Craft and the written word
March 10 2014
Having recently read numerous essays’ for an article I was researching on craft, I found myself focusing on a number of issues surrounding writing on craft. These included the arguments for a more academic approach, stemming from the perceived lack of theoretical discourse which, when applied to art, has provided the framework to transform it from object to concept. Consequently there is the notion that discussions on craft, focus only on material and process and the challenges of bringing an object into existence. But does a focus on material and technique lessen the value of craft and undermine its soul? After all material is integral to craft and the field is both categorized and identified by it. In a quick review of recent essays in craft publications, websites and other media, the focus on material and process when writing on craft is apparent, but there is also description, biography and, in most cases, theoretical discourse. I could go on…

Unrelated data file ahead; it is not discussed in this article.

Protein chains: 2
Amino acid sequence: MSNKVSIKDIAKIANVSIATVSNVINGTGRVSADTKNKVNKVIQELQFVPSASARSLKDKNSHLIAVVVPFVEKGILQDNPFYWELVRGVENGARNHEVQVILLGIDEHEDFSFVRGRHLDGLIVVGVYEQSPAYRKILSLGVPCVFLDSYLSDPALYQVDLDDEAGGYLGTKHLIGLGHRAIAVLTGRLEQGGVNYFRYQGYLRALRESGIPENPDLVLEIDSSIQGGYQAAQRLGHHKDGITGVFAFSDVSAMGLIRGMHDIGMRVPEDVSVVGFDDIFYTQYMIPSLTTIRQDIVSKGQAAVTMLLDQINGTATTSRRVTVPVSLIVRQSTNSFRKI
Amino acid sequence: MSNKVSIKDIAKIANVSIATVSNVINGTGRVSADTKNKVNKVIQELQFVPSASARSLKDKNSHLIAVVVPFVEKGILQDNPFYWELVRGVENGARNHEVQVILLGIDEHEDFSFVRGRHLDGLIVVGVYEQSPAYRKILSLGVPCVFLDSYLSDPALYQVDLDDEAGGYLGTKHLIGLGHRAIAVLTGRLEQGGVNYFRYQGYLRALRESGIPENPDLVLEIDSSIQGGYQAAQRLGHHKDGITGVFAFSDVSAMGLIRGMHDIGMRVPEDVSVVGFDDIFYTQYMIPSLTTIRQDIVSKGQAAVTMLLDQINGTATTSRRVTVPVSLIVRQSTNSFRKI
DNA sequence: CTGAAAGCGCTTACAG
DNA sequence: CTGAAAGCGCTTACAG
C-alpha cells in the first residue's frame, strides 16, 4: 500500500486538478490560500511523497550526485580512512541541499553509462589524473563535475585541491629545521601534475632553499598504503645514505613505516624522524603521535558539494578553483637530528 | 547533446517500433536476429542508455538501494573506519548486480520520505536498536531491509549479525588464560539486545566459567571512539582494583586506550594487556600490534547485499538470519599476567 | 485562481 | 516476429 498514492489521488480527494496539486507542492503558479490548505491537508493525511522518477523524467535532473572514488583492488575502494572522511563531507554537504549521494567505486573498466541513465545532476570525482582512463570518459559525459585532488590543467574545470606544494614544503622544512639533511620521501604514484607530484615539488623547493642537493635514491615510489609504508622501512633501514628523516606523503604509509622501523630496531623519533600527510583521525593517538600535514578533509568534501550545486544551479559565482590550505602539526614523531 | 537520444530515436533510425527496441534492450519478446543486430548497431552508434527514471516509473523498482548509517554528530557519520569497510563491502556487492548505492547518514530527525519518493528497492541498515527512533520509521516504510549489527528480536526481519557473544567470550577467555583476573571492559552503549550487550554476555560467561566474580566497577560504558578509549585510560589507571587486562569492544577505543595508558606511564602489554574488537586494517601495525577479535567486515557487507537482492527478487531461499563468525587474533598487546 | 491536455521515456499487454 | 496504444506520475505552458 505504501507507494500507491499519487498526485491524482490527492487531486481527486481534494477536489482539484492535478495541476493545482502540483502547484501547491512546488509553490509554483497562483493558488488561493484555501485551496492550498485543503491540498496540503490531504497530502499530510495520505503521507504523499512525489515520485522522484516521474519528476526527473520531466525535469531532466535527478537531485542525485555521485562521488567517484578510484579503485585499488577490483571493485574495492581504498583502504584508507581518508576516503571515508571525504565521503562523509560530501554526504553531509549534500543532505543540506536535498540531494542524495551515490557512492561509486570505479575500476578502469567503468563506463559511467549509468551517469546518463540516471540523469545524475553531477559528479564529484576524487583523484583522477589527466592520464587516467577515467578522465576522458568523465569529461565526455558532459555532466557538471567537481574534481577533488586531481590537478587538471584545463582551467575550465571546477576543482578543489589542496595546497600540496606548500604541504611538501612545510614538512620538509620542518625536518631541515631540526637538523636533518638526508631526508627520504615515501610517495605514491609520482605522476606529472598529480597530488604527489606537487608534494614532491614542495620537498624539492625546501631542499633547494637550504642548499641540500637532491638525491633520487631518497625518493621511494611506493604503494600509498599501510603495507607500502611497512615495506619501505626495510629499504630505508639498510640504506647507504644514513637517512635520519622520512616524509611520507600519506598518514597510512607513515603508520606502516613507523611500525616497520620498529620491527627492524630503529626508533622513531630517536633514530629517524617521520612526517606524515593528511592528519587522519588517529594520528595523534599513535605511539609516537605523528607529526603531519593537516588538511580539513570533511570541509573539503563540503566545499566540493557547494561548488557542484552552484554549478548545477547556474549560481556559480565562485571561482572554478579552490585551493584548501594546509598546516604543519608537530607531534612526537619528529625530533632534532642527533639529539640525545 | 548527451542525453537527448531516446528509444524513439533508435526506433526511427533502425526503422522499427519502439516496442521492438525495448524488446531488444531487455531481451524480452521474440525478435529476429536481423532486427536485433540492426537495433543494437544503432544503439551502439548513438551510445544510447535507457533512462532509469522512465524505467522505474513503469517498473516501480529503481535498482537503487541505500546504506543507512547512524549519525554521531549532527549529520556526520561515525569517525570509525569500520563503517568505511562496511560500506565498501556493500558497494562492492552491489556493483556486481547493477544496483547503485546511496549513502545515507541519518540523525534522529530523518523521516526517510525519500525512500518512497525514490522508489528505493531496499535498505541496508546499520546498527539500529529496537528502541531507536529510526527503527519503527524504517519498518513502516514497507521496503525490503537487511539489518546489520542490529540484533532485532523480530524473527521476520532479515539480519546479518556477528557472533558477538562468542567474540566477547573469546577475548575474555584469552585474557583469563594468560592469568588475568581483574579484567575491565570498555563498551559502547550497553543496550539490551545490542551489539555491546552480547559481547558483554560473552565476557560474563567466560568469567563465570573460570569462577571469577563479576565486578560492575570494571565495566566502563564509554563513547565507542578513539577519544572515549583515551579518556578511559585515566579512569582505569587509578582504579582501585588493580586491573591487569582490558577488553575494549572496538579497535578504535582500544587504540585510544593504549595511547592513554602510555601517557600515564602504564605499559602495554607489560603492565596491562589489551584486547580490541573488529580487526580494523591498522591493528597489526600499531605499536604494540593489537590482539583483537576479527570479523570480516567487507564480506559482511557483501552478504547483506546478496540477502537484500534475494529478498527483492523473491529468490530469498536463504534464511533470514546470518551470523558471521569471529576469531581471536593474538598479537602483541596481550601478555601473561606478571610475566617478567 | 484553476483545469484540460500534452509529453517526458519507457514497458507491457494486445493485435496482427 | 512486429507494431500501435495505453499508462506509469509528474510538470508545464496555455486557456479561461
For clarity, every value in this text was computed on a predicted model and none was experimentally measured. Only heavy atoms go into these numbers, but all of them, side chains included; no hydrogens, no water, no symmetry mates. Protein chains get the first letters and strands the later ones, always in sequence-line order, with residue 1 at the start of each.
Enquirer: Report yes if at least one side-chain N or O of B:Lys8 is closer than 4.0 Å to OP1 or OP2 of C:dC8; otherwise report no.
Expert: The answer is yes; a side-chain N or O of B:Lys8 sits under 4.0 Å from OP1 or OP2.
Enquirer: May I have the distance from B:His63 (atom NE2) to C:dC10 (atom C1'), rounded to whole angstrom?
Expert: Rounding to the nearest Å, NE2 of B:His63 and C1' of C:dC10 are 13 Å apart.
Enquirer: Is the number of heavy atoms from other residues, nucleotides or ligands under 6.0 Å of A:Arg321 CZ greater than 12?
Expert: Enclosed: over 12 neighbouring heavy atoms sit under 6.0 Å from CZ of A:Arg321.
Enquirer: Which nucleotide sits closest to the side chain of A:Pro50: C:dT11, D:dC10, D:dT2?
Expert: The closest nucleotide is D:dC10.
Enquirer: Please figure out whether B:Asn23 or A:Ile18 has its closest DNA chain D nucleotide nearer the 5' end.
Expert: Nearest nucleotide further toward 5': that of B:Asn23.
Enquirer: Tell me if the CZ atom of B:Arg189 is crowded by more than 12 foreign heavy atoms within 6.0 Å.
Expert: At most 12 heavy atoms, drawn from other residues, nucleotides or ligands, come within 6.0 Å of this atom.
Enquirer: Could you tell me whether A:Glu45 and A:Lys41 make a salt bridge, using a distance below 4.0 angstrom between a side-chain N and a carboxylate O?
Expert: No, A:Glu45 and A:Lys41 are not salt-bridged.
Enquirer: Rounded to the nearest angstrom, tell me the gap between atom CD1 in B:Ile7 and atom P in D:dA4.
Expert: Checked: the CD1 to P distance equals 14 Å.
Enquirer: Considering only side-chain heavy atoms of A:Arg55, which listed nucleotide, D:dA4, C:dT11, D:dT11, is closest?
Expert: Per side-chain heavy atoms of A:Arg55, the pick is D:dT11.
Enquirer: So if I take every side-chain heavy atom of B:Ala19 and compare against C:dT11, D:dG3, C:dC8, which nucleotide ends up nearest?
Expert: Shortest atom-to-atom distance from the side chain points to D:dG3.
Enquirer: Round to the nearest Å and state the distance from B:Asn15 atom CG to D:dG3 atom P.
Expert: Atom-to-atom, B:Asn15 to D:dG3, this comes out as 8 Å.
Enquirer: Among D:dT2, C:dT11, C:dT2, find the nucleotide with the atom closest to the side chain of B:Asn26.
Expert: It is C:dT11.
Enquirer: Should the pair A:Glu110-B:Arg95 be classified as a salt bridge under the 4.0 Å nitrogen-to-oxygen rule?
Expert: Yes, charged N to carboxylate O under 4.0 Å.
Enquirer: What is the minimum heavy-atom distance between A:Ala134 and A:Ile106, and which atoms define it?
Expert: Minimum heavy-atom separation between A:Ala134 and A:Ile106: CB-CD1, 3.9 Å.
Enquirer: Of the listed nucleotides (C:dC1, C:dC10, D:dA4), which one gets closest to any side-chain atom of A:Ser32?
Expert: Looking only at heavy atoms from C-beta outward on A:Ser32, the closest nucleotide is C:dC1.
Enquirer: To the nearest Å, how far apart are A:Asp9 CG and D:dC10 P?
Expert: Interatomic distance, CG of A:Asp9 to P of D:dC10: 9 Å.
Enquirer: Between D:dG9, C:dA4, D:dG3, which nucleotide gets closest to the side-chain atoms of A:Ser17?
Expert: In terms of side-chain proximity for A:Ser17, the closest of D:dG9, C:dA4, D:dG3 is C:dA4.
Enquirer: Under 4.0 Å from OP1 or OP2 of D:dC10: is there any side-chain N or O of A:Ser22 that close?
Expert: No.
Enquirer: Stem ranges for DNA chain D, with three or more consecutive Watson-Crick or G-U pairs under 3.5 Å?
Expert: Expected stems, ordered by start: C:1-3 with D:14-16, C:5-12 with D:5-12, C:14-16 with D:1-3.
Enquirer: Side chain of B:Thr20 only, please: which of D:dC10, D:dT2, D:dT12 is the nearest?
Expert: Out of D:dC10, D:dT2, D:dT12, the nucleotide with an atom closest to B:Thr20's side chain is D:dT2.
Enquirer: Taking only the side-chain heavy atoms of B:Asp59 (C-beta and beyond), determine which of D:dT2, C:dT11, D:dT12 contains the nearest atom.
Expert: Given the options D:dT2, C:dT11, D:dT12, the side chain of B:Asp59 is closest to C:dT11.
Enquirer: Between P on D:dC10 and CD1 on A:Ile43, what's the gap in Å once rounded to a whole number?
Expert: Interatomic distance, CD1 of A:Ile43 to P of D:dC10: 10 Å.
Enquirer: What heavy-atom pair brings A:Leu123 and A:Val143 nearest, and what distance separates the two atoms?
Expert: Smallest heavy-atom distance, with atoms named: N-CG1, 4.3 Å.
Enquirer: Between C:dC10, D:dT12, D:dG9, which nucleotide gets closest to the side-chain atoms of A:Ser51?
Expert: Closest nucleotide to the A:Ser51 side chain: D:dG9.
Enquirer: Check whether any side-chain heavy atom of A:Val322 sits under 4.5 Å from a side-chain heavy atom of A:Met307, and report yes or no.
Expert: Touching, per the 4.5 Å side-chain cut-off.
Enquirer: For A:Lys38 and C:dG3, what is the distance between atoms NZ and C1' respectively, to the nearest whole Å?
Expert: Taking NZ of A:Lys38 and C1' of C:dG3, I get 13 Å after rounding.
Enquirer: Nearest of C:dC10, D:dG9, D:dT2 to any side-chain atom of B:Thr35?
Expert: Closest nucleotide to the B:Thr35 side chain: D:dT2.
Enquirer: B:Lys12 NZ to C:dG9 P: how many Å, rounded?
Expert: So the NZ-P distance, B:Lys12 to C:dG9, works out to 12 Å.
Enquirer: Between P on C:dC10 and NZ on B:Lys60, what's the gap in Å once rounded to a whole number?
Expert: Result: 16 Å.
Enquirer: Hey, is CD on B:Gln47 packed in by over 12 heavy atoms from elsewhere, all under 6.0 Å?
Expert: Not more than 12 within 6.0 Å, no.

It was great therefore to hear writer Gemma Tipton’s thoughts on writing on craft, and indeed art, at the recent National Museum of Ireland seminar ‘Contemporary Craft: Curating, Collecting, Critical Writing”. They included the phrases ‘keep it simple’, ‘think about why you are writing’ and ‘think about who you are excluding’.
It reminded me to stop, aside the books and simply look at craft. Listen to what it has to say. For in the hands of a true master, the background noise starts to fade away and we begin to really understand what craft is all about and why we loved it so much in the first place.